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Rising Inequality and the Politics of Redistribution in Affluent Countries

Published inPerspectives on politics, vol. 3, no. 03
Publication date2005
Abstract

We use data from the Luxembourg Income Study to examine household market inequality, redistribution, and the relationship between market inequality and redistribution in affluent OECD countries in the 1980s and 1990s. We observe sizeable increases in market household inequality in most countries. This development appears to have been driven largely, though not exclusively, by changes in employment: in countries with better employment performance, low-earning households benefited relative to high- earning ones; in nations with poor employment performance, low-earning households fared worse. In contrast to widespread rhet- oric about the decline of the welfare state, redistribution increased in most countries during this period, as existing social-welfare programs compensated for the rise in market inequality. They did so in proportion to the degree of increase in inequality, producing a very strong positive association between changes in market inequality and changes in redistribution. We discuss the relevance of median-voter theory and power resources theory for understanding differences across countries and changes over time in the extent of compensatory redistribution.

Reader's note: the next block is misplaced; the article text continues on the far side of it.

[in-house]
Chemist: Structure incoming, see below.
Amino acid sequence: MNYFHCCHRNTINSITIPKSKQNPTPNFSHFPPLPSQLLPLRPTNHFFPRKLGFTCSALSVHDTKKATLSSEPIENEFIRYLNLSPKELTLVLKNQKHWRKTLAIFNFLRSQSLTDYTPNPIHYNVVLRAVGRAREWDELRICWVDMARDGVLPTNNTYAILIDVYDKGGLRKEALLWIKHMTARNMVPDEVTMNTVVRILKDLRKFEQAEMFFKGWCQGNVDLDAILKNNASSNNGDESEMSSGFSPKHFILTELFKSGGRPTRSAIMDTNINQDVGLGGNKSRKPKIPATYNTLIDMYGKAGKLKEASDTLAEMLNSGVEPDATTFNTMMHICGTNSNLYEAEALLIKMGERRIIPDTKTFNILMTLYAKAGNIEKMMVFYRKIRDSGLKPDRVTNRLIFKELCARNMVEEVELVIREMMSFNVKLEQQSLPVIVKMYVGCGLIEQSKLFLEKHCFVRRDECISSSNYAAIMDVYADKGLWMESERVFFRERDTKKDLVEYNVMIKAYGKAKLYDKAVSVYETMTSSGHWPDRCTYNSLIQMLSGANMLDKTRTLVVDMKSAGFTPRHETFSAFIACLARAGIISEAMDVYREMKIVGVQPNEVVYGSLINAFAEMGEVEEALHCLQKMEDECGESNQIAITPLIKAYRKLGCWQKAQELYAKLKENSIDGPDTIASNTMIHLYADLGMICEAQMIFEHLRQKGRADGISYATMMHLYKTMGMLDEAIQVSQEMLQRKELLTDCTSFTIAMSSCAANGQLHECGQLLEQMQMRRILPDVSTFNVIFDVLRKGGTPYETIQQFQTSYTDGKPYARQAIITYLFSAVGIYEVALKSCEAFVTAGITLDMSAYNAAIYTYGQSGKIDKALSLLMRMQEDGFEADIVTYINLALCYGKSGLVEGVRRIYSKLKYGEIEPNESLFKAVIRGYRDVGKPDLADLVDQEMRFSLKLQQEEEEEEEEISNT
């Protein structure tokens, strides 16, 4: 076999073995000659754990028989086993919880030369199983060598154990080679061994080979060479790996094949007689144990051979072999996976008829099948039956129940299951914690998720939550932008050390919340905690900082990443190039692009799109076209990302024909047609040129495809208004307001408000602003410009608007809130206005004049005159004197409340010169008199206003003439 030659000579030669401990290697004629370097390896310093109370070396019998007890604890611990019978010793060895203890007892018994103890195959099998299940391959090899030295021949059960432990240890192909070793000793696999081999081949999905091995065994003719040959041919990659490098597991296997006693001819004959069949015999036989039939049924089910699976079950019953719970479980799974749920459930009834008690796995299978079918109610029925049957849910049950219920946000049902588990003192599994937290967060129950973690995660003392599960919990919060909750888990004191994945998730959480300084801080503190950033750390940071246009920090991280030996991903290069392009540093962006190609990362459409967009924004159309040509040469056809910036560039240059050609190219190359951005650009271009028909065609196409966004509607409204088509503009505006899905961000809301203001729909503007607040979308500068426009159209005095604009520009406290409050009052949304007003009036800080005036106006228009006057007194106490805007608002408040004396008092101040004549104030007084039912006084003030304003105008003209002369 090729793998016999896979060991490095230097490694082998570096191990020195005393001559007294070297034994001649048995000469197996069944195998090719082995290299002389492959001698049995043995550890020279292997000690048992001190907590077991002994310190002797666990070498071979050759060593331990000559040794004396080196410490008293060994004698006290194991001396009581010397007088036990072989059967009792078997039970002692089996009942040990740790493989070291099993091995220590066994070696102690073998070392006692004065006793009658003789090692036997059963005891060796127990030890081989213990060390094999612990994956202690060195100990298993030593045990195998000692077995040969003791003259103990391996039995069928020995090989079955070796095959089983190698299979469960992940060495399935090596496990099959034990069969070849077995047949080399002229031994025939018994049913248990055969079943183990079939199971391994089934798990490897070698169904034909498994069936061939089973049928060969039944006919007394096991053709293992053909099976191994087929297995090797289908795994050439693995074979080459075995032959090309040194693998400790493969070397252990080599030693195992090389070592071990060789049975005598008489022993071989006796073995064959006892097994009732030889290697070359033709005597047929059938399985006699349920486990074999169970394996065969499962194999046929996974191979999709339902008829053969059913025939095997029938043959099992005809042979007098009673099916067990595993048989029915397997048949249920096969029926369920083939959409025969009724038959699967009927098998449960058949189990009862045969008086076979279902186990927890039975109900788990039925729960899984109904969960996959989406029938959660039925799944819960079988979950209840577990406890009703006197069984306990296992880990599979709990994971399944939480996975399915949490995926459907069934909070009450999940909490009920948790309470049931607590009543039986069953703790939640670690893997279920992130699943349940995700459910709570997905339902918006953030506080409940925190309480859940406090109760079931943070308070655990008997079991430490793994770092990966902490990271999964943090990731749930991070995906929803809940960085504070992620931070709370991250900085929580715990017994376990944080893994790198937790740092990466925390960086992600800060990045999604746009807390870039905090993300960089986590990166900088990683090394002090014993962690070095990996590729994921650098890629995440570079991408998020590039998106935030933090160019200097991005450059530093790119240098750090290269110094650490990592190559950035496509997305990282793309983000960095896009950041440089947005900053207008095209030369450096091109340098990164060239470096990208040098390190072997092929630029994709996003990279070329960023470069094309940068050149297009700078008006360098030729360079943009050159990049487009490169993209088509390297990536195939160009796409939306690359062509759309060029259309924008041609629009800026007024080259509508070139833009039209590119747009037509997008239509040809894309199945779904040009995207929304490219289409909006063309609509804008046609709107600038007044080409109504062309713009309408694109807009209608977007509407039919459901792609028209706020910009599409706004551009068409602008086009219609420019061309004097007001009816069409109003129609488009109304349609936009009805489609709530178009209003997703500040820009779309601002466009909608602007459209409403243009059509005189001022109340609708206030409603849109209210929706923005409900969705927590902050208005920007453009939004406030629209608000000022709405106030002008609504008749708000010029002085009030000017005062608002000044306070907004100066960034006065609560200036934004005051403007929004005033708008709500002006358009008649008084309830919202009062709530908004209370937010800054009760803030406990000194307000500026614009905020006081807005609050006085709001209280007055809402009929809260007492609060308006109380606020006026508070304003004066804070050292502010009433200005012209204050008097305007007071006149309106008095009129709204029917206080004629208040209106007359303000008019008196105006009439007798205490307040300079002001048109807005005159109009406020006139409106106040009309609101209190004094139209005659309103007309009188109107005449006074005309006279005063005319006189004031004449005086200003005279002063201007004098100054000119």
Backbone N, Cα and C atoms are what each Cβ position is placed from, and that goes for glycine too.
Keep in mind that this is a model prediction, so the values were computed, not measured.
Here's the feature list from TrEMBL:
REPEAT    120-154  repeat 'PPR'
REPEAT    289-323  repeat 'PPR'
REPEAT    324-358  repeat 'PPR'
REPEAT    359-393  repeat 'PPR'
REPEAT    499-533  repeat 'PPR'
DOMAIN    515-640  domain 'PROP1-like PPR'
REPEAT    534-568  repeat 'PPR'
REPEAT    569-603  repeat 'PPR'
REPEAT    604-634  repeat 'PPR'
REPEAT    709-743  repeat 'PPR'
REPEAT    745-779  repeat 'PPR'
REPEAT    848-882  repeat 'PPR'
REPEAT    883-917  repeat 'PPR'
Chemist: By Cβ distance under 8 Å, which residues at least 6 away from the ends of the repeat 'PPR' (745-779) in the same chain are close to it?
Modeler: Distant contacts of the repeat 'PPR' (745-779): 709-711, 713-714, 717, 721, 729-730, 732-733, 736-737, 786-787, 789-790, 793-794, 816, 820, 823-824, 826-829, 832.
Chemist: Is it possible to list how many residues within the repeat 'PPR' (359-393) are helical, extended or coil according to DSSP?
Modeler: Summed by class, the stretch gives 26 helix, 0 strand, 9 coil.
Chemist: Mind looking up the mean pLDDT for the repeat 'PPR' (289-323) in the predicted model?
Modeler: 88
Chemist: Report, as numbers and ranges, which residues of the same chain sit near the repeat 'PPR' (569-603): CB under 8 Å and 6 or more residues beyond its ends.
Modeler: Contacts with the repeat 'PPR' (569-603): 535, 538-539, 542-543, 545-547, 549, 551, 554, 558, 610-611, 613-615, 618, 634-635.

Keywords
  • Household market inequality
  • OECD
  • Power resources theory
  • Median-voter theory
Citation (ISO format)
KENWORTHY, Lane, PONTUSSON, Harry Jonas. Rising Inequality and the Politics of Redistribution in Affluent Countries. In: Perspectives on politics, 2005, vol. 3, n° 03. doi: 10.1017/S1537592705050292
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ISSN of the journal1537-5927
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